This dissertation develops a new wavelet design technique that produces a wavelet that matches a desired
signal in the least squares sense. The Wavelet Transform has become very popular in signal and image
processing over the last 6 years because it is a linear transform with an infinite number of possible basis
functions that provides localization in both time (space) and frequency (spatial frequency).
The Wavelet Transform is very similar to the matched filter problem, where the wavelet acts as a zero
mean matched filter. In pattern recognition applications where the output of the Wavelet Transform is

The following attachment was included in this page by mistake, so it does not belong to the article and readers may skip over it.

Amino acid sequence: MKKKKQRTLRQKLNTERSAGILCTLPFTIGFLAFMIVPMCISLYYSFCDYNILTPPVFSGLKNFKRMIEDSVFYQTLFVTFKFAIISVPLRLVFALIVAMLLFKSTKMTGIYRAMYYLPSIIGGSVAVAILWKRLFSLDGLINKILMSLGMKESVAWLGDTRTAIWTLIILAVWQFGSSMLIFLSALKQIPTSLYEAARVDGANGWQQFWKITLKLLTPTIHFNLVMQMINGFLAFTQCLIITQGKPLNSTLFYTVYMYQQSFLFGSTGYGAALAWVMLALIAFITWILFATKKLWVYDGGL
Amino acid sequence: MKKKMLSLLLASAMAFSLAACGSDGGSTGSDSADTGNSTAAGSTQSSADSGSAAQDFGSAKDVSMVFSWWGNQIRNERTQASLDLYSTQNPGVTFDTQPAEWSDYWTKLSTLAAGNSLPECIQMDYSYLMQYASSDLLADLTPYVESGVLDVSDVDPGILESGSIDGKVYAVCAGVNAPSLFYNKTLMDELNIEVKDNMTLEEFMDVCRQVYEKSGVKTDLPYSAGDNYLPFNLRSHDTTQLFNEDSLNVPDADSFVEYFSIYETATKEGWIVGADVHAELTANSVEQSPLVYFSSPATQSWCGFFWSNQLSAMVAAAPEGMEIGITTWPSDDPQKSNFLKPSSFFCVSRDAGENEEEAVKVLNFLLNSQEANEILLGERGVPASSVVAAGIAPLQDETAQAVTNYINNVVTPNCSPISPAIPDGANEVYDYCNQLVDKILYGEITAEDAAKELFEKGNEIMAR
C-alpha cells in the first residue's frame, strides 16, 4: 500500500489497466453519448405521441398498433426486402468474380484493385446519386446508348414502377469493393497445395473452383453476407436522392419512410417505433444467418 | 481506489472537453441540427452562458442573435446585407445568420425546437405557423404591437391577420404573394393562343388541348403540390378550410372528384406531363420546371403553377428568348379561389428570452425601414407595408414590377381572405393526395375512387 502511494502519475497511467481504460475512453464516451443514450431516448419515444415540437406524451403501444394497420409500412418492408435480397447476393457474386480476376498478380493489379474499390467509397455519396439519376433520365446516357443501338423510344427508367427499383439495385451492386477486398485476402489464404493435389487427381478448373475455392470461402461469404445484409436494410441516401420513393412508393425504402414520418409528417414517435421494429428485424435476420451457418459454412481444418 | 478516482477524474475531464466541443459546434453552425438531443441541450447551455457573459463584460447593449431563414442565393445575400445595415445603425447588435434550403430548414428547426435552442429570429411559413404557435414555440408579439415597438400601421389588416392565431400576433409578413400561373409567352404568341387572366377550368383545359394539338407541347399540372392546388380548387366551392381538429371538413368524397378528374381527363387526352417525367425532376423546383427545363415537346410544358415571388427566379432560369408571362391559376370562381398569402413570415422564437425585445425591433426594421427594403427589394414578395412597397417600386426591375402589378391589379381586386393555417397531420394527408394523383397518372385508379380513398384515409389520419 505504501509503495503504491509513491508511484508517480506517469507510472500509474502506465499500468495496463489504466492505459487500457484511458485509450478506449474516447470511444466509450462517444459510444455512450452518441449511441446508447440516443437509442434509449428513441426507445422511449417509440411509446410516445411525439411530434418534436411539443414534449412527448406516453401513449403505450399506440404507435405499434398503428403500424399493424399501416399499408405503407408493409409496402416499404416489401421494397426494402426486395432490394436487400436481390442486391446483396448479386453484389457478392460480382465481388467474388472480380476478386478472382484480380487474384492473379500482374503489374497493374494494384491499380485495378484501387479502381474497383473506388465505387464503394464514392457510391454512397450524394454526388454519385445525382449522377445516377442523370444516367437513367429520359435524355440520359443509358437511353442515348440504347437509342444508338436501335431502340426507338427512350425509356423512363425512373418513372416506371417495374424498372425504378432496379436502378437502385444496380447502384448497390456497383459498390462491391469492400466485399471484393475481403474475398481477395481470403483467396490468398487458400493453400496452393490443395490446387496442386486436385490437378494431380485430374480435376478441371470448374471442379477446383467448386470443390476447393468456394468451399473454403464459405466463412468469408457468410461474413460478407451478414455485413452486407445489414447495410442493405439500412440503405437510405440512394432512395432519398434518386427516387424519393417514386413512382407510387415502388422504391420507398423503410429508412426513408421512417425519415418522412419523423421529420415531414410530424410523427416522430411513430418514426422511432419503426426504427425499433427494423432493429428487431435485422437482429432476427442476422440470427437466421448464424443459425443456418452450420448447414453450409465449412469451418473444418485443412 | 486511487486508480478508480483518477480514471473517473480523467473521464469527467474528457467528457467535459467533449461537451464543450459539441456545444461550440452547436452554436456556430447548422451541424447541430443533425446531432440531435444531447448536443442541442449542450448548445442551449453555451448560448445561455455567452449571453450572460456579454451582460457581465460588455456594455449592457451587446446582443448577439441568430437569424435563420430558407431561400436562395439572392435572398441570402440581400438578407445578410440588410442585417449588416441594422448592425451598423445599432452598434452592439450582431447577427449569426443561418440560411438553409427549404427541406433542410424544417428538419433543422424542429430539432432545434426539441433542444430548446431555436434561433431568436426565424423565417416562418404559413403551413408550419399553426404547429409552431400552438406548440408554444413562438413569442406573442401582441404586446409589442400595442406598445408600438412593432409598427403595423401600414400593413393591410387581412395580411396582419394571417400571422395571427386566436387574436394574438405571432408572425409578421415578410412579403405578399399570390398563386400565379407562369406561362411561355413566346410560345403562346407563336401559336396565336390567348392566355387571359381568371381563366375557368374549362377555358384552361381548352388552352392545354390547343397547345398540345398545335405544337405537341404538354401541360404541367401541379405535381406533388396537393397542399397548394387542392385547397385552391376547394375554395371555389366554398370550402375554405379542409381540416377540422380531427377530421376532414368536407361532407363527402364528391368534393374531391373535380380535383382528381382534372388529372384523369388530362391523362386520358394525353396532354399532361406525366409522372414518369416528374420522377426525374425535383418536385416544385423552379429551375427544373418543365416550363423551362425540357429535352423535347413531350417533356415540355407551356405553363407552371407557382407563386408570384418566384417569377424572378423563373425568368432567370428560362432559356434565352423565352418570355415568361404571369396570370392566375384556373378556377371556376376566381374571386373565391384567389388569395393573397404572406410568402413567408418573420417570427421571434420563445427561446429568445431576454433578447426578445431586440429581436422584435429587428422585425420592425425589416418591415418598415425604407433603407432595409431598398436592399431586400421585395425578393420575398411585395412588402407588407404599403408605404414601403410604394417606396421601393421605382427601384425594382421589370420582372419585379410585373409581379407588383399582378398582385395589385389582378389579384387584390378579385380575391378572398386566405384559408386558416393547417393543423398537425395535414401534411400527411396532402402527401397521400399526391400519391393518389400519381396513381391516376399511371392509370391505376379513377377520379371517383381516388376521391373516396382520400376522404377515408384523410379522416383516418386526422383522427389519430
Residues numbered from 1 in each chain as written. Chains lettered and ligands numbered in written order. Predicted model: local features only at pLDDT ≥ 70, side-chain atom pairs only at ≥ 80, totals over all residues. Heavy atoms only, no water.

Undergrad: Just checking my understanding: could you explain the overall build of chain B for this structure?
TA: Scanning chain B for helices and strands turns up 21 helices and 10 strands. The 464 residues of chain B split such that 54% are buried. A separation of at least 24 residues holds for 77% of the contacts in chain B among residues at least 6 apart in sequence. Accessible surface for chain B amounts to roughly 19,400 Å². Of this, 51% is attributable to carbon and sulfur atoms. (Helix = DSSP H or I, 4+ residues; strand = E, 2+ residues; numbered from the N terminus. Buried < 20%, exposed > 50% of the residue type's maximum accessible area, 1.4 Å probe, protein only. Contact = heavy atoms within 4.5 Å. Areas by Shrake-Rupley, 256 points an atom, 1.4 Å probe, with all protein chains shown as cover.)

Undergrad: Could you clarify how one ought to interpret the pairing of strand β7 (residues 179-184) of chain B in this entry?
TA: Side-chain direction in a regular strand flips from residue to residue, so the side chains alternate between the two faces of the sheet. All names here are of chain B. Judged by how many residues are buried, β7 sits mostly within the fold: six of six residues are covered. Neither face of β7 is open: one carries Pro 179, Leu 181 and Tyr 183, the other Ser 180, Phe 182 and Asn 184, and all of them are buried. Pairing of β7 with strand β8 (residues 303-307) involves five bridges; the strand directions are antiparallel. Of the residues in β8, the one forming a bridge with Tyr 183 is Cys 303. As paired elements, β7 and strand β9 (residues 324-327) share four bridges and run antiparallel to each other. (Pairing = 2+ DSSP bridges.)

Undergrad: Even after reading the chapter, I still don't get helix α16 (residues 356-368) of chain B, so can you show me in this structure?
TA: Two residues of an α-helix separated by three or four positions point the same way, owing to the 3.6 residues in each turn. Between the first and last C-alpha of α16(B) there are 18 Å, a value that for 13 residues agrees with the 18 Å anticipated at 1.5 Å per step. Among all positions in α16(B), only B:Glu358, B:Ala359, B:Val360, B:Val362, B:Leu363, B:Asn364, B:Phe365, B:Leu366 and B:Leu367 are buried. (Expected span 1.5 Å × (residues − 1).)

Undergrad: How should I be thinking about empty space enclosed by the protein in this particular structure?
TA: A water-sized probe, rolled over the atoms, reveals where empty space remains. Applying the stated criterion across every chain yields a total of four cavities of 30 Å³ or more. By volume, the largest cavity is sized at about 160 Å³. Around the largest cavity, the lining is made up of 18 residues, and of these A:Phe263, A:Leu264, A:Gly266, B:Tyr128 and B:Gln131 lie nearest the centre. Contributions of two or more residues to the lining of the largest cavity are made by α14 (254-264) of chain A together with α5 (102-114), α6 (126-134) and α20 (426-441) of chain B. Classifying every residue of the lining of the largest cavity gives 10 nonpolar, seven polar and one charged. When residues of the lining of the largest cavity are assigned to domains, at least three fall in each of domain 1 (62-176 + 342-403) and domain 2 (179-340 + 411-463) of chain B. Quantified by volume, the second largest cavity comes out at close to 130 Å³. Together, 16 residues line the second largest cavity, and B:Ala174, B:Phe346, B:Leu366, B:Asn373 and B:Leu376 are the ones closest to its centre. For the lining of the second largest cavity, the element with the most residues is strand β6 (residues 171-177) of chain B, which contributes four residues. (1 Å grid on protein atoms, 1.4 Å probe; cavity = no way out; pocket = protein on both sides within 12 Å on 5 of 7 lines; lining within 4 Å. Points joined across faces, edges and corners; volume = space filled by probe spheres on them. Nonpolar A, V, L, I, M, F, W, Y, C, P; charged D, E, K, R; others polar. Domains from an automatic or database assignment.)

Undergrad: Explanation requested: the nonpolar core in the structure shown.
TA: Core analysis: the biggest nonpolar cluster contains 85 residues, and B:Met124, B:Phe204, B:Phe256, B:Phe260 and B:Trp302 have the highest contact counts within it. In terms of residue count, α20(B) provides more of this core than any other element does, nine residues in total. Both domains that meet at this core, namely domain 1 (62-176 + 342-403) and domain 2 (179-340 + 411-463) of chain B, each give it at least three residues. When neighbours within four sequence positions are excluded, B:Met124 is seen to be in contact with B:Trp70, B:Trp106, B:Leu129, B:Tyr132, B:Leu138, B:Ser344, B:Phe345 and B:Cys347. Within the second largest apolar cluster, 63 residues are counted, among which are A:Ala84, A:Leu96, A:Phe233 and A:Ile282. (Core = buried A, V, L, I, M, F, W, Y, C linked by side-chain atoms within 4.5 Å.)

to be maximized, it is necessary to use wavelets that are specifically matched to the signal of interest.
Most current wavelet design techniques, however, do not design the wavelet directly, but rather, build a
composite wavelet from a library of previously designed wavelets, modify the bases in an existing multiresolution
analysis or design a multiresolution analysis that is generated by a scaling function which
has a specific corresponding wavelet. In this dissertation, an algorithm for finding both symmetric and
asymmetric matched wavelets is developed. It will be shown that under certain conditions, the matched
wavelets generate an orthonormal basis of the Hilbert space containing all finite energy signals. The
matched orthonormal wavelets give rise to a pair of Quadrature Mirror Filters (QMF) that can be used
in the fast Discrete Wavelet Transform. It will also be shown that as the conditions are relaxed...